Skip to 0 minutes and 7 secondsPolitics and economics are usually studied as separate subjects, but in the real world they're interconnected. Politicians often talk about economic matters-- jobs, prices, wages, profits, trade, investment, productivity, growth. And economists produce theories leading to policies which politicians implement. Politics, it's been said, is economics studied seriously. Great economists like Adam Smith called their subject "political economy," with good reason. This course brings politics and economics together by looking at political figures who have changed economic history. Of the seven I've chosen, only one actually studied economics, Ludwig Erhard, whose policies enabled the post-war German economic miracle. By contrast, Franklin Roosevelt-- FDR, author of the American interwar New Deal-- boasted that he knew no economics.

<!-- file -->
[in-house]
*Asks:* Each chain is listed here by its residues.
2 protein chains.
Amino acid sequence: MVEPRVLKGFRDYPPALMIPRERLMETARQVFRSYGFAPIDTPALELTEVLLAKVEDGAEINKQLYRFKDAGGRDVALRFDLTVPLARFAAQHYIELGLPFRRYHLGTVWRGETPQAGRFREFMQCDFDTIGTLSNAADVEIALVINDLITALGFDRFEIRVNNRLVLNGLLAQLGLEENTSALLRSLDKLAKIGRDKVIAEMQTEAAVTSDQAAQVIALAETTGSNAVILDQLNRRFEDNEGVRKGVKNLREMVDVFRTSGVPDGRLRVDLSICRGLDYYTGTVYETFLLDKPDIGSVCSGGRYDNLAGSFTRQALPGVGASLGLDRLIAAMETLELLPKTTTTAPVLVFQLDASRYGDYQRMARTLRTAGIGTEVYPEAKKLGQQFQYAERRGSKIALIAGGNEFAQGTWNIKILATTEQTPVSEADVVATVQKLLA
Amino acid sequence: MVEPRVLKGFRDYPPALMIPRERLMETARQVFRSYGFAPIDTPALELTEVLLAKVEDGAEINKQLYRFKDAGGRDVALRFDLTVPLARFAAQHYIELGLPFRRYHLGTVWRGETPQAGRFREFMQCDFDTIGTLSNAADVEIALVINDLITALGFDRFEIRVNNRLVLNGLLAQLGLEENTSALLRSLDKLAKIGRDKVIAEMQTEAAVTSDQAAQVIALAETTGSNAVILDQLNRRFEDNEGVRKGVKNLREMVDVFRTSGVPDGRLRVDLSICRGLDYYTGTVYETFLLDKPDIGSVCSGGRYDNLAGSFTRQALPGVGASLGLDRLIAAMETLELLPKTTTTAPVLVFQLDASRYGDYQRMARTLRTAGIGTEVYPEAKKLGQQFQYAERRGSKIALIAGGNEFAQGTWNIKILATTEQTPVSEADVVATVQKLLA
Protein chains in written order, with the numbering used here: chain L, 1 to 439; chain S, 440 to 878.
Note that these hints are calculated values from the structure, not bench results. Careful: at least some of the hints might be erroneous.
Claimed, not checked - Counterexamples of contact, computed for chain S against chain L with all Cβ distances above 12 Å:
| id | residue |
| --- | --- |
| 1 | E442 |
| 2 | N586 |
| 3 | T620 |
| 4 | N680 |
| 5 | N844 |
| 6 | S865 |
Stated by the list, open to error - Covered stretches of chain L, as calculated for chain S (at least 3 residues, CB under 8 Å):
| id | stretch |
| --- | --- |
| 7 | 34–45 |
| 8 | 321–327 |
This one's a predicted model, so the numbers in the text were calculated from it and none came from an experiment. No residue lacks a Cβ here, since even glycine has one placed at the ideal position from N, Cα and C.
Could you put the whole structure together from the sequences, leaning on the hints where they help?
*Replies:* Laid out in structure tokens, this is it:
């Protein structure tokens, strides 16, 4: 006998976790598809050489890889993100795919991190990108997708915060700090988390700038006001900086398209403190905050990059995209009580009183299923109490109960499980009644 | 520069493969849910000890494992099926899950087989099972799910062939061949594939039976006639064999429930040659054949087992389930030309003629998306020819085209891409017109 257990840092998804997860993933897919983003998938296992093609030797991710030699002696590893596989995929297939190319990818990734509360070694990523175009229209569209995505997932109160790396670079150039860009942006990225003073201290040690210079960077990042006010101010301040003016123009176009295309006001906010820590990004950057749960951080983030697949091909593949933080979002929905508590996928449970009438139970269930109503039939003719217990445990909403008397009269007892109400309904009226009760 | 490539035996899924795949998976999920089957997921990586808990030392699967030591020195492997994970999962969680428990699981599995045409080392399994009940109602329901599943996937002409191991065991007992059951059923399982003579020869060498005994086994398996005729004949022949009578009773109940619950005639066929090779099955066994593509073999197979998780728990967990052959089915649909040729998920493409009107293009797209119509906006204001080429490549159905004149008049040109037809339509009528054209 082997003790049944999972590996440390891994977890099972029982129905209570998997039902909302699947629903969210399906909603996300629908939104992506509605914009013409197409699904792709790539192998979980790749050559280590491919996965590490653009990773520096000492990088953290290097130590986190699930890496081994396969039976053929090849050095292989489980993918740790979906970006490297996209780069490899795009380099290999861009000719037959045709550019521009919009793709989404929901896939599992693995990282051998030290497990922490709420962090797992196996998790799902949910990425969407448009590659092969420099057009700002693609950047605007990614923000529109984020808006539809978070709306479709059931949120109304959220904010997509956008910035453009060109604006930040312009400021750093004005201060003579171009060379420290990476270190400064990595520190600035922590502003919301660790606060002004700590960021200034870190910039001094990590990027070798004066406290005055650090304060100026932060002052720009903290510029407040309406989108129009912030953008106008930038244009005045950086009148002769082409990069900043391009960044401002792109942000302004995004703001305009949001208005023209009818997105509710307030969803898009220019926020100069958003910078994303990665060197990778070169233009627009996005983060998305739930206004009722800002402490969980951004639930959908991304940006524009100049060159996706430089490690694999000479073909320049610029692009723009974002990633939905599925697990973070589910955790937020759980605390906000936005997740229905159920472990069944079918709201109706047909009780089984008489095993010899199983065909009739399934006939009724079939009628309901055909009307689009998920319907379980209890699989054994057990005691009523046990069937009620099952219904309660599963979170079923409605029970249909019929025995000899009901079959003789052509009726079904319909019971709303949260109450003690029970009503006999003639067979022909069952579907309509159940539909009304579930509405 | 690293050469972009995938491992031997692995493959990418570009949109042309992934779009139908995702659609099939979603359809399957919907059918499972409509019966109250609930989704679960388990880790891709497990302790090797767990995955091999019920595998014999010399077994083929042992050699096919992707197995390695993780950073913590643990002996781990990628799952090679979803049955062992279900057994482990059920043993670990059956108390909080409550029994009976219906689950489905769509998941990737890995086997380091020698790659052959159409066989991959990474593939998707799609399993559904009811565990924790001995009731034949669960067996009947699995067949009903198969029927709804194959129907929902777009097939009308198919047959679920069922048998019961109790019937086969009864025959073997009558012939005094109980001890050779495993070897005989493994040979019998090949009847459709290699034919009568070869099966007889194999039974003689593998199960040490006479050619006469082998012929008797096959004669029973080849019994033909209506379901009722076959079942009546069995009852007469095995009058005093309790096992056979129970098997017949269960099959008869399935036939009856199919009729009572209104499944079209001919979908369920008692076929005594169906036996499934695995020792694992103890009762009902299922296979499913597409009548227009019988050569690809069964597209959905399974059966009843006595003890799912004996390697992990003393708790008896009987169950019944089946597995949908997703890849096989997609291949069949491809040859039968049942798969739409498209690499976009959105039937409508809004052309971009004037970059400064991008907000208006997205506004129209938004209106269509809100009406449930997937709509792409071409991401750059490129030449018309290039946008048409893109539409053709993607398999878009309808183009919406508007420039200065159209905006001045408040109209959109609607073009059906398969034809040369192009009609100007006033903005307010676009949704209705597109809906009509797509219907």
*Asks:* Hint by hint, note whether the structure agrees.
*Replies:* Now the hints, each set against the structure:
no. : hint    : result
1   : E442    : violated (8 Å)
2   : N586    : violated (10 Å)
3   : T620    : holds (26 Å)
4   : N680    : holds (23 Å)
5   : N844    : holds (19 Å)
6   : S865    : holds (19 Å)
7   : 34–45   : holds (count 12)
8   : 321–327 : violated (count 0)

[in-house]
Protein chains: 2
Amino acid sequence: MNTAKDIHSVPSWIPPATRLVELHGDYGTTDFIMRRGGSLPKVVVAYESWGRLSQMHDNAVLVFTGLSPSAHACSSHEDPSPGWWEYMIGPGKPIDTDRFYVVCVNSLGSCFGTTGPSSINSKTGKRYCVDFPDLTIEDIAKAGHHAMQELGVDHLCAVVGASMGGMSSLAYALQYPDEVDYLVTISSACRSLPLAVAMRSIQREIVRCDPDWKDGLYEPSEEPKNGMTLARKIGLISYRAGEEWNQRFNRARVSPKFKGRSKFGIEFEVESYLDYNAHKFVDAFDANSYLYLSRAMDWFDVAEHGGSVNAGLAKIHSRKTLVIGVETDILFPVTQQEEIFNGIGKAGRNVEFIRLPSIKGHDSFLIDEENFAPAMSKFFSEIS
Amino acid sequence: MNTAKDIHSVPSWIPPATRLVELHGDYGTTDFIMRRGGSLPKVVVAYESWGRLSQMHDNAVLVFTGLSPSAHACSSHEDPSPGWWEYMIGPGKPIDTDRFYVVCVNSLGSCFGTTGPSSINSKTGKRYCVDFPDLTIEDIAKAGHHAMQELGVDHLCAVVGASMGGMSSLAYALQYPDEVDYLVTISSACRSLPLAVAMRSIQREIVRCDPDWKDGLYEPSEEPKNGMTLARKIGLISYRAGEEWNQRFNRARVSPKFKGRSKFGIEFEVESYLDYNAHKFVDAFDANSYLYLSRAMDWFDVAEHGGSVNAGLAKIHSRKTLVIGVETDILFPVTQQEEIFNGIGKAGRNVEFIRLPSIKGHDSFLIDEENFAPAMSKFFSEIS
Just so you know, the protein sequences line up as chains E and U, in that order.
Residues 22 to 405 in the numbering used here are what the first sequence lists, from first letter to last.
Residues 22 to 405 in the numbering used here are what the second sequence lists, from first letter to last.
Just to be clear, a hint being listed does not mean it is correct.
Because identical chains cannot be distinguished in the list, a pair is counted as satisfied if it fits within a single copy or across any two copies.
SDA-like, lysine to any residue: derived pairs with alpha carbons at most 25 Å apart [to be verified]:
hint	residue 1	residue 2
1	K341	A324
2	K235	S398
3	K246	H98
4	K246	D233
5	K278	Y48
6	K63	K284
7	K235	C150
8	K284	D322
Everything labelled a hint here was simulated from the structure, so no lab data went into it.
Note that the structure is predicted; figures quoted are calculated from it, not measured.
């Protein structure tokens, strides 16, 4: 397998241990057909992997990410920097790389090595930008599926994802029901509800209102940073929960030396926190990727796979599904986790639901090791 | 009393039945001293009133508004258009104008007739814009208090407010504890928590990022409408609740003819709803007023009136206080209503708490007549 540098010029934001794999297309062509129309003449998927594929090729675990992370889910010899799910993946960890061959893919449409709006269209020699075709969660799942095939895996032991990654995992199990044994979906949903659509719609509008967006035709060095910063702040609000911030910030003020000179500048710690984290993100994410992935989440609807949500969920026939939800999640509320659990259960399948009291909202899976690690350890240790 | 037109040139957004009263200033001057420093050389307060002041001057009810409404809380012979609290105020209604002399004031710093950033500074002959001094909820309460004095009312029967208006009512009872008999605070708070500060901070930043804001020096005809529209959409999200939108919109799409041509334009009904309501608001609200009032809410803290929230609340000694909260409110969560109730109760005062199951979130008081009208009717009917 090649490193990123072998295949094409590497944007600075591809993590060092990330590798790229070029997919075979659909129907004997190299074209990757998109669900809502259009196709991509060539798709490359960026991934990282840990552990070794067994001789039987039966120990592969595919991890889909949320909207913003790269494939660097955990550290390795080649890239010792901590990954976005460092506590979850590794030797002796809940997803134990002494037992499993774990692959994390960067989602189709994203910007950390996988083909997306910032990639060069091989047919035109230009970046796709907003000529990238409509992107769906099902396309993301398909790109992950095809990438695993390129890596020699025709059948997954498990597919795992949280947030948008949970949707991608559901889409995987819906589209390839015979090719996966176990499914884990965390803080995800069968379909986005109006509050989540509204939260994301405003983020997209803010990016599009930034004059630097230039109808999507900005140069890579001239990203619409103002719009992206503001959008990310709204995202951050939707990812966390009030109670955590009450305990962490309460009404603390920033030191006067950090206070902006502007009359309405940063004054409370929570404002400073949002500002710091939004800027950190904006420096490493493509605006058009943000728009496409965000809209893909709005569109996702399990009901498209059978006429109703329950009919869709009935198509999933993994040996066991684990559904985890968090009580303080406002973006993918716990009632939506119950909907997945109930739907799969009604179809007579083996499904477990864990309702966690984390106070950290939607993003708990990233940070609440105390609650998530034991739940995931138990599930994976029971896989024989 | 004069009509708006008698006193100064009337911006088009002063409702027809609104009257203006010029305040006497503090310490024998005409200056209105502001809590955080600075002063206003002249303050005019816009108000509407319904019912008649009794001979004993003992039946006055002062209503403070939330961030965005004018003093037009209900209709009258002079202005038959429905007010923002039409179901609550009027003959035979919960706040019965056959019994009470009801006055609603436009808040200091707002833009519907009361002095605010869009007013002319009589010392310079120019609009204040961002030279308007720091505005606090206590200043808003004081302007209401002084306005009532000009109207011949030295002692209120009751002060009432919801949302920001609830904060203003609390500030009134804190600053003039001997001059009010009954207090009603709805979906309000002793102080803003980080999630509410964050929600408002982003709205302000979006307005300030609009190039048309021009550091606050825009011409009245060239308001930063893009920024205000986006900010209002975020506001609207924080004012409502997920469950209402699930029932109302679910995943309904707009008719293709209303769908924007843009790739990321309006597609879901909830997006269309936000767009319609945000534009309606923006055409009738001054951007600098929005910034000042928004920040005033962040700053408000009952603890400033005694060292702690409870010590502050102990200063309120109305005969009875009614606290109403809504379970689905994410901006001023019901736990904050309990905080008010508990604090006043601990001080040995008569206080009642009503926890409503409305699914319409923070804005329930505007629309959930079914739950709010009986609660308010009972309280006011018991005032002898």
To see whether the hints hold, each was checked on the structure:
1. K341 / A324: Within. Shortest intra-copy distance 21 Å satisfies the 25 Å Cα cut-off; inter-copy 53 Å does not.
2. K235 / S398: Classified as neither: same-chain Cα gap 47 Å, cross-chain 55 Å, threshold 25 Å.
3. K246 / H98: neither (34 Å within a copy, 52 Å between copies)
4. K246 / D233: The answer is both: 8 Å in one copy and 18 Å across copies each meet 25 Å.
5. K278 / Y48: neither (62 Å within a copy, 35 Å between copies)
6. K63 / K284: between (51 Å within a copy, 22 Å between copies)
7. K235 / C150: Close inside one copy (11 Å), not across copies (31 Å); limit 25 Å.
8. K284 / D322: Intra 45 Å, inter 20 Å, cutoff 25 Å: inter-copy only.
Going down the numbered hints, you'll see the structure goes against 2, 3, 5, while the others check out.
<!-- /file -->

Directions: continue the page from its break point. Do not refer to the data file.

Skip to 1 minute and 8 secondsBut he did have good economic advisors, as did Mrs. Thatcher, who applied what she called common sense housewife's economics in the UK. In the case of the modernising Japan, the Meiji emperor was just a figurehead for effective technocrats. Some of our economic heroes are seriously improbable. I mean, nobody in history has done more through economic policy to lift literally hundreds of millions of people out of poverty than Deng Xiaoping. Almost as improbable is the man who gave effect to the immensely powerful idea of free trade, Sir Robert Peel. And Alexander Hamilton, who 200 years ago laid the economic foundations of the United States.
Skip to 1 minute and 55 secondsThroughout the course, we'll use the economic principles espoused by these seven political figures as a starting point to explore deeper economic theories and the wider impact they may have had on the world in which we live today.